Conner Bailey, Visual Communication graduate from Leeds Arts University shares his project 'Y tho'.
A personal project looking at the opinion of men in the Leeds/West Yorkshire area, on how their masculinity is affected by the hegemony in society and how the idea of masculinity enforces aspects of everyday life.
Y tho is a project I worked on along side my dissertation writing in my final year at Leeds Arts University. It’s a hand bound portrait series looking at the views of individuals within West Yorkshire, and questioning what it means to be a man. I wouldn’t classify myself as your typical “bloke”, however I’ve been through my phases. Going to uni and really getting into the “rugby lad” culture aided with the development of me becoming a person that I really didn’t want to be. I inevitably dropped out of university on my first attempt and it was the best thing I could have done. When a little time past and I felt more like myself it really hit me, how in such a short amount of time, I became the guy who I use to hate. Being surrounded by what would typically be described as ‘Northern lads’ really shaped the way I viewed myself and others, it had been heavily ingrained in me to act a certain way since childhood, as it’s been excepted social behaviour for generations. It wasn’t until later in life when I started delving into my own psyche and studying at a progressive art university that I could see through the prejudice and old fashion ideals that I’d grown up with and thus began developing my thoughts towards what I think it means to be a man.
The relationships I’ve had with key people within my life, has really impacted this work.
My intentions behind this series was to indirectly address people that I think have deep seeded issues about their perspectives towards their own masculinity. I found myself making assumptions based on my thoughts towards these individuals. As time went on throughout this project I began to see a dichotomy of my subjects character and was shocked by how wrong I was about some of their perspectives about what they think it means to be a man. The project took on a new light and made me become more self aware, as I was making assumptions towards these men before they even started talking. I started this series with the intention of making certain individuals within my life reflect and open up, when in turn I discovered I still have my own prejudice to overcome.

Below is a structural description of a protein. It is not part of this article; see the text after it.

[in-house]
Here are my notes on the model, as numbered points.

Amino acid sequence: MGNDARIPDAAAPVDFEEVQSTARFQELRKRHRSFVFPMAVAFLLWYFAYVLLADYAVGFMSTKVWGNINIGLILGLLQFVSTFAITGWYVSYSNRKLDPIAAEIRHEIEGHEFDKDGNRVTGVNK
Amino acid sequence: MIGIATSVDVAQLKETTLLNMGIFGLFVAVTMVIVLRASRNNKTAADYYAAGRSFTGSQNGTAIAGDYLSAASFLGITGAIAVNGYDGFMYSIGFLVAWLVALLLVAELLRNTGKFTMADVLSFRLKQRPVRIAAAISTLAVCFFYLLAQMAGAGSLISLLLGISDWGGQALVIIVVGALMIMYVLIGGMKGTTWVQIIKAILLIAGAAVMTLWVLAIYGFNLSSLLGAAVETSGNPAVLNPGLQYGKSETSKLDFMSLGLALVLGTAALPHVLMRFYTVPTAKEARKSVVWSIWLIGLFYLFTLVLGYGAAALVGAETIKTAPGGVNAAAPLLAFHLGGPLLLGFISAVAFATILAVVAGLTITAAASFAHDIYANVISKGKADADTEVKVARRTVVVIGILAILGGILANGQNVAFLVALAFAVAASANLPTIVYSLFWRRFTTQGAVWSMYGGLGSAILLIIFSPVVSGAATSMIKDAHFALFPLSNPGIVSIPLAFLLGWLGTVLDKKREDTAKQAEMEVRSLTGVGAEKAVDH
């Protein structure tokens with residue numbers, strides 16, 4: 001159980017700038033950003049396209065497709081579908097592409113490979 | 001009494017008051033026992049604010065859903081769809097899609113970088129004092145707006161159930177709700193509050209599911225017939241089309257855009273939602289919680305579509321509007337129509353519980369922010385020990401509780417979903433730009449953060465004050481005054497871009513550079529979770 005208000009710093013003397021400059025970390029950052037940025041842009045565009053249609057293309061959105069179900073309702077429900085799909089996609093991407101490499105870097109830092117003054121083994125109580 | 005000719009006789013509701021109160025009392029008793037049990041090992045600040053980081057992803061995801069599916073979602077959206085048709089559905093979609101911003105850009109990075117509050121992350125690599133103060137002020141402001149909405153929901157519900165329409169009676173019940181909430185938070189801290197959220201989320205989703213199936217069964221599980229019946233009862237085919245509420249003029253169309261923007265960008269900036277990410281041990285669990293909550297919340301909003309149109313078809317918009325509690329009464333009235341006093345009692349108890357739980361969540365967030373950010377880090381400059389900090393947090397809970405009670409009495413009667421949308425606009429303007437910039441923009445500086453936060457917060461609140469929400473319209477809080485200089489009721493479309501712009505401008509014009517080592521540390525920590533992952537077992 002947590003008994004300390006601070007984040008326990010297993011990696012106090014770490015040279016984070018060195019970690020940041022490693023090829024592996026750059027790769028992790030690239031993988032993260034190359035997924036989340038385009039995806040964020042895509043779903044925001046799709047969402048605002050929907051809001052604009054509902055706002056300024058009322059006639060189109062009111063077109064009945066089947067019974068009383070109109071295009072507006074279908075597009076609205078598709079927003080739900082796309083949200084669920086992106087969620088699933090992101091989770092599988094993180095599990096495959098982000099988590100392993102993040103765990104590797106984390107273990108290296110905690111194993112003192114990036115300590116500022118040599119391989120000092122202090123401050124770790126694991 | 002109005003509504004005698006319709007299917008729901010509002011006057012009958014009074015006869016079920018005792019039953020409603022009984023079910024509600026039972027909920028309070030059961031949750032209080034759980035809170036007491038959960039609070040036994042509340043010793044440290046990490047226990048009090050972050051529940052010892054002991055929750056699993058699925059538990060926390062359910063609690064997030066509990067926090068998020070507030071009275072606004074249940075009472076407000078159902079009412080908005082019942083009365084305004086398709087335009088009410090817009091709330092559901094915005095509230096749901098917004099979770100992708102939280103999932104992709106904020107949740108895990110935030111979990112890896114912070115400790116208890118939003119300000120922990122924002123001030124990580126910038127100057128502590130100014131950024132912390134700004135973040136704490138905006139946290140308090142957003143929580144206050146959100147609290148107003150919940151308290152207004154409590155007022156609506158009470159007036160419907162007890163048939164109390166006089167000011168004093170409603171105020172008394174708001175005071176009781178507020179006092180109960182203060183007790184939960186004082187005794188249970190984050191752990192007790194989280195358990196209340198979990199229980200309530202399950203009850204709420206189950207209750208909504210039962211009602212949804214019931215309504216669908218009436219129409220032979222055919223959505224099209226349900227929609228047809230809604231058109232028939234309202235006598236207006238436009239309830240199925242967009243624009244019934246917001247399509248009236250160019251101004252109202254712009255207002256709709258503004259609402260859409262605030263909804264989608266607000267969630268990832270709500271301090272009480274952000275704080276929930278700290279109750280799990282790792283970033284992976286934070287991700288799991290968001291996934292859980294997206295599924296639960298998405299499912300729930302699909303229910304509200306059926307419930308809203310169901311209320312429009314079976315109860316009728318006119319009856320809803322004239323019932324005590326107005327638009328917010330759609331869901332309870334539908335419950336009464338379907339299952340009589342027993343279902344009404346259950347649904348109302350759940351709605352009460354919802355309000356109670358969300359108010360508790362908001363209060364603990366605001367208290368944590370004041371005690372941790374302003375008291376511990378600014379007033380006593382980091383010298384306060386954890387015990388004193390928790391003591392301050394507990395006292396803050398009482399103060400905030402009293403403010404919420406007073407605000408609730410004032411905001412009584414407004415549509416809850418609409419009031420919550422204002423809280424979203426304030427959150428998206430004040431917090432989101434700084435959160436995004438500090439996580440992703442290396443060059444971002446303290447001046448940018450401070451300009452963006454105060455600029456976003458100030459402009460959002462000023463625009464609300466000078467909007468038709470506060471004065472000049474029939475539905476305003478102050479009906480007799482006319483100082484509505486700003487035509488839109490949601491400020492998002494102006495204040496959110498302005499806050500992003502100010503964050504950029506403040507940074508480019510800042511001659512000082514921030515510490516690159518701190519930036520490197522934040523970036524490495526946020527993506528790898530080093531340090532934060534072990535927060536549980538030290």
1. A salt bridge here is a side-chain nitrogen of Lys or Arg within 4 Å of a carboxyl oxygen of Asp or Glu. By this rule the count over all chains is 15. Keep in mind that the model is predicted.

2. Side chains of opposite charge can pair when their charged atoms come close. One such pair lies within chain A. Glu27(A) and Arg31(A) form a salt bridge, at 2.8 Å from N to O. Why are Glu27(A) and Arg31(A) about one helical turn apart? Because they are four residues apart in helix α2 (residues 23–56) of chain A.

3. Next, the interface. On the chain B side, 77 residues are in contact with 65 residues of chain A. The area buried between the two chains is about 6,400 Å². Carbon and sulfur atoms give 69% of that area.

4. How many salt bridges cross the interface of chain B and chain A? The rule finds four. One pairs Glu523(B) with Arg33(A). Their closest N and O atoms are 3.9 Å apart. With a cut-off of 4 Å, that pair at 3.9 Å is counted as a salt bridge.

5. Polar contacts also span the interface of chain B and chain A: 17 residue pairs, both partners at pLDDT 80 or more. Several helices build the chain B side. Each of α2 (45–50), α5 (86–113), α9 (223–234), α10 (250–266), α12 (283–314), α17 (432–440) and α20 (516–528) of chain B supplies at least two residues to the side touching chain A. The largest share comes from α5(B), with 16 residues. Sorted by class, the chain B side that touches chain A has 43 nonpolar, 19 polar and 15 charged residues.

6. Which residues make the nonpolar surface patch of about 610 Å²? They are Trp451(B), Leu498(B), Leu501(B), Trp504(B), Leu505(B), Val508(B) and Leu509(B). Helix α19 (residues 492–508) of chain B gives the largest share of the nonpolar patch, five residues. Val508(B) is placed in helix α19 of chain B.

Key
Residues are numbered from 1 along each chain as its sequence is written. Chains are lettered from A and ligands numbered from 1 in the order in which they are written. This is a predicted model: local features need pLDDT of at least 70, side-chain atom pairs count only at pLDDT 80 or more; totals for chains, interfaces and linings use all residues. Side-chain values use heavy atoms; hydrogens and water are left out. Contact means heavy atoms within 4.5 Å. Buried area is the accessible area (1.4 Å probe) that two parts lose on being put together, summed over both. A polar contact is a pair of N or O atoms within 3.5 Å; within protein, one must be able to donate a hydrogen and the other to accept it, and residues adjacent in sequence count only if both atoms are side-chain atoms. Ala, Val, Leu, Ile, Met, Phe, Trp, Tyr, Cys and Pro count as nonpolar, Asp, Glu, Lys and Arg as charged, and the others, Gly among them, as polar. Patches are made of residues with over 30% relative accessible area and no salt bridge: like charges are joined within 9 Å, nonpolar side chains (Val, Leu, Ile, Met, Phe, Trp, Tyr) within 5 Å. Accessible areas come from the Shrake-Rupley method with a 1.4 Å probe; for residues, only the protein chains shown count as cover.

Hi Conner, Thank you for sharing your working with us. Could you tell us a little about yourself please?
I’m Conner Bailey, a 24 year old photographer and graphic designer from Batley, West Yorkshire. In 2018 I graduated from Leeds Arts University, BA (Hons) Visual Communication. I specialised in analog photographic processes and printmaking and have worked commercially for the Leeds International Festival, The City Talking and VICE UK but my personal work lies predominantly in documentary photography.
I was given an Olympus trip 35 by a family friend as my first camera which is really where it all started. I was always creative and vaguely understood what made a good photograph but for a while I pretty much wondered round aimlessly shooting. It’s not until I found the work of Peter Mitchell, a renowned local photographer who has documented Leeds and the surrounding area for over 40 years, when I really knew what style I wanted to work towards. Once I really started I found myself more and more intrigued with the beauty in the mundane, something that is so unintentional placed none planned but for some reason aesthetically works. Throughout university I flicked between this style and graphic design, combining the two in self bound photo books throughout my final year. After shooting 35mm for a few years and with the work I was influenced by, I found it a natural progression to move into medium format. Starting with a Bronica ETRSI and quickly moving on to a Mamiya RB67, which is what I used for my Y Tho series. Up until this point I had only been interested in places, not people. Moving onto the RB67 was perfect timing as it was now that I really wanted to push myself into some portrait work, after seeing Zen Nelson’s- A Portrait of Hackney.
Recently I have moved to Australia for 2 years and I’m concentrating more on my graphic design but I always have a camera to hand and I will continue day to day until an idea forms for another project. I think it’s great to have more than one practice, ideas form and there’s a broader understanding of the subject.